Appeals Court Poised to Rule on Trump’s Bid to Resume Travel Ban

  • President argues national security at risk if court stops plan
  • State says employers, universities, residents would be hurt

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A federal appeals court said it will rule Thursday on the Trump administration’s effort to re-start its temporary ban on refugees and travelers from seven Muslim majority nations in the biggest legal test yet of the president’s authority.

The appeals court in San Francisco is poised to rule by the end of the business day on whether to throw out a Seattle judge’s restraining order that blocked President Donald Trump’s Jan. 27 directive. The appellate ruling will add to the increasingly complex web of lawsuits in Virginia, Massachusetts, Maryland and elsewhere that may ultimately set the policy in the high-stakes battle.

The court fights include a hearing Friday in which U.S. District Judge Leonie Brinkema in Alexandria, Virginia, will consider state Attorney General Mark Herring’s request to block the temporary immigration ban. The case list grew Thursday, as a suit was filed in Washington D.C. on behalf of several individuals and four Iranian-American organizations to overturn restrictions on people traveling to and from Iran.

Brinkema on Feb. 3 allowed Virginia to take the lead in a civil lawsuit challenging Trump’s ban, which was filed by two Yemeni brothers who claim they were tricked into leaving the country while traveling to visit their father in Michigan. The judge also extended to Friday a temporary restraining order barring the federal government from enforcing the president’s ban as it might apply to legal permanent U.S. residents including green-card holders and those with work visas. 

Friday’s hearing will be the most in-depth analysis to date of the arguments against the travel ban, Michael Kelly, a spokesman for Herring, said in a statement. Other hearings have focused on a temporary halt to the ban, while Herring is seeking a longer injunction that would put it on hold until a trial could be held, which could take weeks or months.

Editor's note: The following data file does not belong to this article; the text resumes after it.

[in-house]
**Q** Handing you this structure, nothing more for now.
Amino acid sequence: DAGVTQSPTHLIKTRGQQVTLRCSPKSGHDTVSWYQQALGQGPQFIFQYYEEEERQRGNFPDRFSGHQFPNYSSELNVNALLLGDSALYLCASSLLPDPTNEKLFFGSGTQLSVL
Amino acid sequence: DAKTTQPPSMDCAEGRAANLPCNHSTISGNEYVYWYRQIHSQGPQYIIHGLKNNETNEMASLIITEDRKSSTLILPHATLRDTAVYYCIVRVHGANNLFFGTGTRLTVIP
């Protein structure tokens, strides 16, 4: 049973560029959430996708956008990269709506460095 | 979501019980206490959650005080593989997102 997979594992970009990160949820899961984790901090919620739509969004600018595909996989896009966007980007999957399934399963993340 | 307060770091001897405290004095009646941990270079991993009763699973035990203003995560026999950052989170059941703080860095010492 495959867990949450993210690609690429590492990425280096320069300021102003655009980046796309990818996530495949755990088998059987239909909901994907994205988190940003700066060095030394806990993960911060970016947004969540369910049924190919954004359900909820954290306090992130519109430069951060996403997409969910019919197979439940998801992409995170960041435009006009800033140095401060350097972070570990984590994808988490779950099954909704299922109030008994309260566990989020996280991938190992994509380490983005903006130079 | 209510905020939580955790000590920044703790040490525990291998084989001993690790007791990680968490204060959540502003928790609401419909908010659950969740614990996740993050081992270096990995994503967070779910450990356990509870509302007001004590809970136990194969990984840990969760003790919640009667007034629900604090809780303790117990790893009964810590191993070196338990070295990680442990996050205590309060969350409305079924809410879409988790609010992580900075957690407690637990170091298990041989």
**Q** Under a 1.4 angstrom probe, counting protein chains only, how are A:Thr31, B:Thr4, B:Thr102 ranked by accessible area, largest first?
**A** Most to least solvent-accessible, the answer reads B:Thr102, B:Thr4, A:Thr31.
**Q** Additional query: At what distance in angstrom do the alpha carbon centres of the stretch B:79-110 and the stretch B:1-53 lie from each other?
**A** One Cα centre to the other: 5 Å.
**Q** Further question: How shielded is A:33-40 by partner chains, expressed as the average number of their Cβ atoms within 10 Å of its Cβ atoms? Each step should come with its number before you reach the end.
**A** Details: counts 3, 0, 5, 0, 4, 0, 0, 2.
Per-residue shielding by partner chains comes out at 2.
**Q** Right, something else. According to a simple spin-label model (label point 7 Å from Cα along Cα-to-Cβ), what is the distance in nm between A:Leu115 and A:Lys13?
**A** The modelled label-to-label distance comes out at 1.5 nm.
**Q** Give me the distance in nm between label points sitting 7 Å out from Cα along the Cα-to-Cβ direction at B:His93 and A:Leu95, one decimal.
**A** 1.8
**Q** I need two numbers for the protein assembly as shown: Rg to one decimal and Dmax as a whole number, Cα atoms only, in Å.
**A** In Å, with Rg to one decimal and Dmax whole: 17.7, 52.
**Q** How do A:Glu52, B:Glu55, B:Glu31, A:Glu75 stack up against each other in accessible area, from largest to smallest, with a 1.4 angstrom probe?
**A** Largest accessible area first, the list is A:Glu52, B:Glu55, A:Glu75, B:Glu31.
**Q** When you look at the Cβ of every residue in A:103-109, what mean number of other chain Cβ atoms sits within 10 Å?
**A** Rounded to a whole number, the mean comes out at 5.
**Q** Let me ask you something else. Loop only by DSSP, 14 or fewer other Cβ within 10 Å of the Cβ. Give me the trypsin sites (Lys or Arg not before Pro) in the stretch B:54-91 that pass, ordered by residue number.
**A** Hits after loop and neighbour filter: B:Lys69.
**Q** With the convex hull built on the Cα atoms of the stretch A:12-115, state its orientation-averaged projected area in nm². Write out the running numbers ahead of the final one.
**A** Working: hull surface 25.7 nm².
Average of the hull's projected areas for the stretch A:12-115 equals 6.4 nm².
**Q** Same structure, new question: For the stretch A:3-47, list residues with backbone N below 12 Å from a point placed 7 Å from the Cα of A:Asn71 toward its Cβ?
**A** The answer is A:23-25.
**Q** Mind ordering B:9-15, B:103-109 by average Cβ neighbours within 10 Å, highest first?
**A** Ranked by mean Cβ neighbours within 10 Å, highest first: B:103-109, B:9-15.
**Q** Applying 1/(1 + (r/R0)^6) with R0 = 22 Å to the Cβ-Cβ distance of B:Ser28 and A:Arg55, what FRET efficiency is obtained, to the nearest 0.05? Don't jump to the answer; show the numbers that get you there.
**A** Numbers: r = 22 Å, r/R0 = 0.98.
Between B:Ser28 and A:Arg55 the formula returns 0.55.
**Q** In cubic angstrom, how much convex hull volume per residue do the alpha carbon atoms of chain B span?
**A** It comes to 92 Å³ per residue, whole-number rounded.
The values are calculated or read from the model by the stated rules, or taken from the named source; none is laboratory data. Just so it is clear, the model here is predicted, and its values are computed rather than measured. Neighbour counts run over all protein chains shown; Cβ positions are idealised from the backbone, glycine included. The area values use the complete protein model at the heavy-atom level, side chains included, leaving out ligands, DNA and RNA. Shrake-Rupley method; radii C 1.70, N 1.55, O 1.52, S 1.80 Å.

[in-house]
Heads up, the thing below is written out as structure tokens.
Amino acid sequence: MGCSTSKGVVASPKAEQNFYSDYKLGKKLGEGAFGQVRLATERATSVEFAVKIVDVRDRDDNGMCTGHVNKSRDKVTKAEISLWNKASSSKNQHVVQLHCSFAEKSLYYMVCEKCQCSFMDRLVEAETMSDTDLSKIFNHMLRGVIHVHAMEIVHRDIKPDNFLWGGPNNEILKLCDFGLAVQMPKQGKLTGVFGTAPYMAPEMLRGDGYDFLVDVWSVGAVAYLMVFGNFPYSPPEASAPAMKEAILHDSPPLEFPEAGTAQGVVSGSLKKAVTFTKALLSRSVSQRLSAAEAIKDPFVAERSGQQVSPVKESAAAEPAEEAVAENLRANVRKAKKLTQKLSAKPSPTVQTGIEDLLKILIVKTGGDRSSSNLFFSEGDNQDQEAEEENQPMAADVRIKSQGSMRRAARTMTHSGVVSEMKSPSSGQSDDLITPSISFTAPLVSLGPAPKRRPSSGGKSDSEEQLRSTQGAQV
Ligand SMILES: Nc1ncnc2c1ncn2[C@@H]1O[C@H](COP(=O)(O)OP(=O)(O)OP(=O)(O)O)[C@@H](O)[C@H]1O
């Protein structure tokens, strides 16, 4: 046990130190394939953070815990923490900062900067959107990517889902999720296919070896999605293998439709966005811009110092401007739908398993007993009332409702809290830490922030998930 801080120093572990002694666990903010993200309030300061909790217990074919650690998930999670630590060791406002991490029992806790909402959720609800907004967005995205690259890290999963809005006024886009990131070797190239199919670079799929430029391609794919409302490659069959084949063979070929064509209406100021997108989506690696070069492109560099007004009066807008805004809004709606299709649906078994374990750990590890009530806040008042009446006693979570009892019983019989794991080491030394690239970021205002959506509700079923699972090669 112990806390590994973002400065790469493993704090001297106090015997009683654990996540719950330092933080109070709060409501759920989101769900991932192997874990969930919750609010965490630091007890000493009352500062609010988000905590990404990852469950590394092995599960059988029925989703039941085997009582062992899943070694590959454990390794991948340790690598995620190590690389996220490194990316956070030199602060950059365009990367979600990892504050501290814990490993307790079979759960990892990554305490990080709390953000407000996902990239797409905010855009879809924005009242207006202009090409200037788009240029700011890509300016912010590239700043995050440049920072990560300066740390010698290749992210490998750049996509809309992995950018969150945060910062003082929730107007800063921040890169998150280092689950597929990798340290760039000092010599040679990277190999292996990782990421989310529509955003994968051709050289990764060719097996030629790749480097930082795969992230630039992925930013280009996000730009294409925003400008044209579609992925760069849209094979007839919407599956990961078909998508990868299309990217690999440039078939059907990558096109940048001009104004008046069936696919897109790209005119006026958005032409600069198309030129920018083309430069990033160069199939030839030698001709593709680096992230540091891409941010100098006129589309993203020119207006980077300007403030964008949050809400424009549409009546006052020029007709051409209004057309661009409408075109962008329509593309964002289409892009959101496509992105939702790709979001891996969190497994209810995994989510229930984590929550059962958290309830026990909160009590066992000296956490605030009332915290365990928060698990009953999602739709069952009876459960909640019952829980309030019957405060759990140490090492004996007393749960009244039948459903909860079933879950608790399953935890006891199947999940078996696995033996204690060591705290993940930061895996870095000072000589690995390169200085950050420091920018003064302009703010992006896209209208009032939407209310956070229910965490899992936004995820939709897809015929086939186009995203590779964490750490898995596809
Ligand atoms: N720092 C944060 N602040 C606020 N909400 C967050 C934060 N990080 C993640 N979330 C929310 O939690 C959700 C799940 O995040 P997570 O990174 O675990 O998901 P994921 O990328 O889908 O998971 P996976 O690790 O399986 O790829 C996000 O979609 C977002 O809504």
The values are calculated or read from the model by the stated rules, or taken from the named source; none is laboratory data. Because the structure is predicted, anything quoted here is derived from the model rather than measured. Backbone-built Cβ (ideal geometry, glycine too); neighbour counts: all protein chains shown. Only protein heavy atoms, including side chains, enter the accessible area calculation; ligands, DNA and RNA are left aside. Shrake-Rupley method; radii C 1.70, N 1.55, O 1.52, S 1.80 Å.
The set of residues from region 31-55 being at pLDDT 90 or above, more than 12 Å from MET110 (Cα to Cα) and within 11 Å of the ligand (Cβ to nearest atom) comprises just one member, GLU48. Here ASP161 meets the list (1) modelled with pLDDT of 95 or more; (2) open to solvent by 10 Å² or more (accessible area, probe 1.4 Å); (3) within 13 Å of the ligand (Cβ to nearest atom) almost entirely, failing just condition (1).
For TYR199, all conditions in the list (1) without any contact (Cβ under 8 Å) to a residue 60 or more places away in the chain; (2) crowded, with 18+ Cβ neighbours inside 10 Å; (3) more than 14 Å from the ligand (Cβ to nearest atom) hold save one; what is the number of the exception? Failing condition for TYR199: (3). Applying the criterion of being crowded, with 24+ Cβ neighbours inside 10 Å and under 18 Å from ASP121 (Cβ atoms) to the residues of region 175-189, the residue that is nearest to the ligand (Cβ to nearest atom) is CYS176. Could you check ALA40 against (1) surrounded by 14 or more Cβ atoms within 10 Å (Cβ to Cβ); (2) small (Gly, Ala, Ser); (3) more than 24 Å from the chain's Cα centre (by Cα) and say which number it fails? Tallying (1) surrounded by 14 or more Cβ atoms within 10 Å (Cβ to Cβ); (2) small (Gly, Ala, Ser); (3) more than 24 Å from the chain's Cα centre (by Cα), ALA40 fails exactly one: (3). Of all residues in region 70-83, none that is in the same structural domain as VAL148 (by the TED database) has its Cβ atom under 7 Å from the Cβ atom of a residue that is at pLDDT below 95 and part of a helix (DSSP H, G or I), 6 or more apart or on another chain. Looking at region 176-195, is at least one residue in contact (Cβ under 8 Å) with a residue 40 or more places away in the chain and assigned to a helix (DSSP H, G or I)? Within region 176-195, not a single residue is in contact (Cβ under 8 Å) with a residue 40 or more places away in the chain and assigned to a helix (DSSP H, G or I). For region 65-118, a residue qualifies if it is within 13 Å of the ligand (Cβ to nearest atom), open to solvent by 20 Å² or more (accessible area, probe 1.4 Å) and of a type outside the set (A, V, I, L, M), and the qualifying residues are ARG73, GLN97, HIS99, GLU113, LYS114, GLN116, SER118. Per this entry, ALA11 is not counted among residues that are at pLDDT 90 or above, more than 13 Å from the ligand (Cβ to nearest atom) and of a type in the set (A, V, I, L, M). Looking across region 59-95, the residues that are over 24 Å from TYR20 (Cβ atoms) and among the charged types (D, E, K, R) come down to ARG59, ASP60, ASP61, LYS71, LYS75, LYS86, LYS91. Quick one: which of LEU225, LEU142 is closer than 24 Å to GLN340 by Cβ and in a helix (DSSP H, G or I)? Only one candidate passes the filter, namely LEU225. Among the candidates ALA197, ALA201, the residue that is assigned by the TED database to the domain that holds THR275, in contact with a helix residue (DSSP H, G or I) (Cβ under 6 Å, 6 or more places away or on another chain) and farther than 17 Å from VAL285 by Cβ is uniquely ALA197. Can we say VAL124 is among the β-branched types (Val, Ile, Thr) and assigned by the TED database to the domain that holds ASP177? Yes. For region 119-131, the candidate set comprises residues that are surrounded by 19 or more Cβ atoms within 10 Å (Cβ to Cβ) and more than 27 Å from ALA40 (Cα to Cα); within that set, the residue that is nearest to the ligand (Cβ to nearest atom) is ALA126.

Move the Ball

Steve Wermiel, a professor at American University Washington College of Law, said it would "move the ball forward in a significant way" if Virginia were to prevail in its challenge to Trump’s order.

"A preliminary injunction is more long-lasting" than the temporary-restraining order at stake with the appeals-court ruling , because it will be based "on more of a genuine consideration of the merits of the case," he said.

At the same time, Wermeil said it is "hard to know exactly," given that so many cases are moving through courts around the country.

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Washington state Attorney General Bob Ferguson, who won the nationwide halt to Trump’s ban that is before the San Francisco-based appeals court, is also asking the Seattle judge to issue a preliminary injunction in that case. Ferguson, in a case joined by Minnesota and supported by more than 100 technology companies, 18 other states and dozens of civil rights and other groups, will make his arguments in a court filing due late Thursday for a more permanent halt to Trump’s ban.

‘Fundamentally Unfair’

Virginia argues in its case that the executive order violates the due-process rights of hundreds of the state’s residents who are lawful permanent residents and visa holders from the seven countries affected by the ban, including university professors, students, business owners, employees and family members.

"It would be fundamentally unfair and discriminatory to permit the respondents to summarily revoke an individual’s legal right to be in the U.S. for no reason other than that they were born or naturalized in, or traveled through, a majority-Muslim country," Herring said in court papers.

Trump argued that his right to suspend the entry of any class of alien as president is authorized by Congress and "unreviewable" by any court or state. The administration said in court papers that Virginia "has done no more than engage in speculation about the potential economic effects of the itself-speculative ‘chilling effect’ of the order on travel by foreign students and others."

The case is Aziz v. Trump, 17-cv-116, U.S. District Court, Eastern District of Virginia (Alexandria).

— With assistance by Erik Larson

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